The Financial Accounting Standards Board has issued a new accounting standard that revises the reporting around long-duration contracts for insurance companies.
The FASB approved Accounting Standards Update No. 2018-12 to improve the financial reporting by insurance companies for contracts such as life insurance, disability income, long-term care, and annuities. Now contained in the Accounting Standards Codification under Topic 944, the standard requires entities to use assumptions at least annually when measuring their liabilities, with the effects recorded in net income.
The new standard gives financial statement users more timely and transparent information about long-term contracts, said FASB Chairman Russ Golden in a statement. The board has been picking away at the project for more than 10 years, documenting hundreds of meetings and comment letters, including various encounters with preparers and other stakeholders.
In addition to requiring updated assumptions, the new accounting pronouncement standardizes the liability discount rate to a market-observable rate reflecting low credit risk. The effects of rate changes will flow to comprehensive income, which is a component of equity on the balance sheet.
The standard also requires entities to follow a single, fair-value model for measuring market risk benefits. That is intended to produce greater uniformity across similar market-based benefits and to better align reporting with how derivatives used to hedge capital market risk are already measured. Finally, the standard replaces earnings-based amortization methods with a less volatile approach, and it requires new disclosures, especially about significant assumptions and the effect of changes in assumptions.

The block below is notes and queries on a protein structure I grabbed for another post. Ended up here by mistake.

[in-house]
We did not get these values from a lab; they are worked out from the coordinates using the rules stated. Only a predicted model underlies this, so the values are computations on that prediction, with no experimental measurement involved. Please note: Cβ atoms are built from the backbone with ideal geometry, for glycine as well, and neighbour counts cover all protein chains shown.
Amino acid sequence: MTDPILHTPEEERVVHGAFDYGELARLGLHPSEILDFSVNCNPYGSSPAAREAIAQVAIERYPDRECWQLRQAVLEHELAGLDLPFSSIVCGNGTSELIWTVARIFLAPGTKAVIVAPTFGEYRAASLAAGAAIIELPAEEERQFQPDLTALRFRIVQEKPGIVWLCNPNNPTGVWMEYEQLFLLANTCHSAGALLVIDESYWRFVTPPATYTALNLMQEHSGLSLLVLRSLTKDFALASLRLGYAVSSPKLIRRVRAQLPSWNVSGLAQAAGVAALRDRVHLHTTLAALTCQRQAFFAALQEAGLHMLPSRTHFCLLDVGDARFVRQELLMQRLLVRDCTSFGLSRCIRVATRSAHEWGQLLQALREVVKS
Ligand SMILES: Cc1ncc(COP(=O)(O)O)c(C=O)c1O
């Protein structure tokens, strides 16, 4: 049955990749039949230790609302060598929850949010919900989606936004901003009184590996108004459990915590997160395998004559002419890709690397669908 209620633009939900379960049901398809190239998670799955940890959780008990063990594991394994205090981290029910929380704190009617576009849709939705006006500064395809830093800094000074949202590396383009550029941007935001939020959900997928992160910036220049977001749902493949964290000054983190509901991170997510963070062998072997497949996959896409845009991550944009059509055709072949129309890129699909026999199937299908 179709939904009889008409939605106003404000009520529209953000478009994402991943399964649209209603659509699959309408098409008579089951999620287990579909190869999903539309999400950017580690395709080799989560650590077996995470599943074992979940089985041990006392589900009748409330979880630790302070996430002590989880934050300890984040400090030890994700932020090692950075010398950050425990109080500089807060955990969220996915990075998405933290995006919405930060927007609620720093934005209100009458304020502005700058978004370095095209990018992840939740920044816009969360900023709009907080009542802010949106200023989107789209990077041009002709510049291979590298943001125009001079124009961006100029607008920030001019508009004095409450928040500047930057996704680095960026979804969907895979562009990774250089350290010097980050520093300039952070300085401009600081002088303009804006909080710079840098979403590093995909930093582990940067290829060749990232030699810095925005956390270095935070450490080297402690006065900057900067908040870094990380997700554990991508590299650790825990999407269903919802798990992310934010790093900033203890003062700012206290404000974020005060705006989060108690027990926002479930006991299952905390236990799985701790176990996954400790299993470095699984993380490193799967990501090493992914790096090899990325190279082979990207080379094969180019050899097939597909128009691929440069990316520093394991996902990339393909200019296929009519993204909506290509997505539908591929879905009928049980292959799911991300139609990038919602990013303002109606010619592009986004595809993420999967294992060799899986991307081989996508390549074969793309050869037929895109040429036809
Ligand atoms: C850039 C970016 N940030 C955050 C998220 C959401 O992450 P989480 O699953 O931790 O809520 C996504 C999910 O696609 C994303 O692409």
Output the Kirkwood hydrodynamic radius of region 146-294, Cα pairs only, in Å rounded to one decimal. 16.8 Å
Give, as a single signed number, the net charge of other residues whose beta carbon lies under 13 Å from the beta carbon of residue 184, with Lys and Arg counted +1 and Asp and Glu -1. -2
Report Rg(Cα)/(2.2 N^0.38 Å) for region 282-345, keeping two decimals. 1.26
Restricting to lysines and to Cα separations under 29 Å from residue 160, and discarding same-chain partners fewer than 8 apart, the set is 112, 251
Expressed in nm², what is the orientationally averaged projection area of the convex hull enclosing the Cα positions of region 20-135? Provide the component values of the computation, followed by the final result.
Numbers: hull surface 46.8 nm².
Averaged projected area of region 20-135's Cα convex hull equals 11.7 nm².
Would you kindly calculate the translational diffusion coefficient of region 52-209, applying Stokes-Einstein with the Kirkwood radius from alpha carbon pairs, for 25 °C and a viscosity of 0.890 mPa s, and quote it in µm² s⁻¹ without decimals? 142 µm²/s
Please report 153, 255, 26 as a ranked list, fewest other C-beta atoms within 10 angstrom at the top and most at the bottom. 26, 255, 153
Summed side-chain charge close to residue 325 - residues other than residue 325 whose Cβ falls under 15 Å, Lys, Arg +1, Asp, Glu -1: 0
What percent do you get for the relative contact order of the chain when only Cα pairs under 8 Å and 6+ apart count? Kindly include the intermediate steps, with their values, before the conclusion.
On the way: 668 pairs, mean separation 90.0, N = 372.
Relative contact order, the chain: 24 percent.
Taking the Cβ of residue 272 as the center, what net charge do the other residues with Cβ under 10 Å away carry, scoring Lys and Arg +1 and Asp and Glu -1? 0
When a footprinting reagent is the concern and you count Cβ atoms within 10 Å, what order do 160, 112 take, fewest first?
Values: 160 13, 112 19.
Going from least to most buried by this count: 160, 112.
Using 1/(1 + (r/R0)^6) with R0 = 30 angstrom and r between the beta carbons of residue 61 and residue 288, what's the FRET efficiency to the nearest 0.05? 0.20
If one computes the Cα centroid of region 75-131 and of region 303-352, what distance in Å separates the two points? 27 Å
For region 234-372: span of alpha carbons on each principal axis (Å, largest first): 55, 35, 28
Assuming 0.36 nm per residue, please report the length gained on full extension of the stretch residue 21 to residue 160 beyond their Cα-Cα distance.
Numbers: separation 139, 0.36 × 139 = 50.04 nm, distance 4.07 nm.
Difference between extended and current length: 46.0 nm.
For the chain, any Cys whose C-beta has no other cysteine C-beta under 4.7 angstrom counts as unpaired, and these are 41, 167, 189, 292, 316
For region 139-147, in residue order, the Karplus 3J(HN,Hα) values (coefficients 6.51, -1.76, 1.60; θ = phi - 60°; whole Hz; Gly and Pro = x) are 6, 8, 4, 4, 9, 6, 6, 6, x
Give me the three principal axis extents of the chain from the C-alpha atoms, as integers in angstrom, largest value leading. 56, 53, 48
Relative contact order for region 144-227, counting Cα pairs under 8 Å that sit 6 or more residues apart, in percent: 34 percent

When FASB began working on its new insurance standard, convergence with International Financial Reporting Standards was often a stated objective behind any accounting change. While the convergence movement has lost steam, the FASB and IASB both elected to adopt standards for insurers that result in more current reporting of insurer obligations.
The International Accounting Standards Board issued IFRS 17 Insurance Contracts in 2017 to update international rules on insurance contract reporting. A notable difference between the new U.S. and international rules, says a FASB spokesman, is the scope of the two standards. The IFRS standard applies to both short- and long-duration contracts while the U.S. GAAP standard is specific to long-duration contracts.
The U.S. standard takes effect for calendar-year public companies on Jan. 1, 2021. As is customary, the FASB has given other entities an additional year to comply.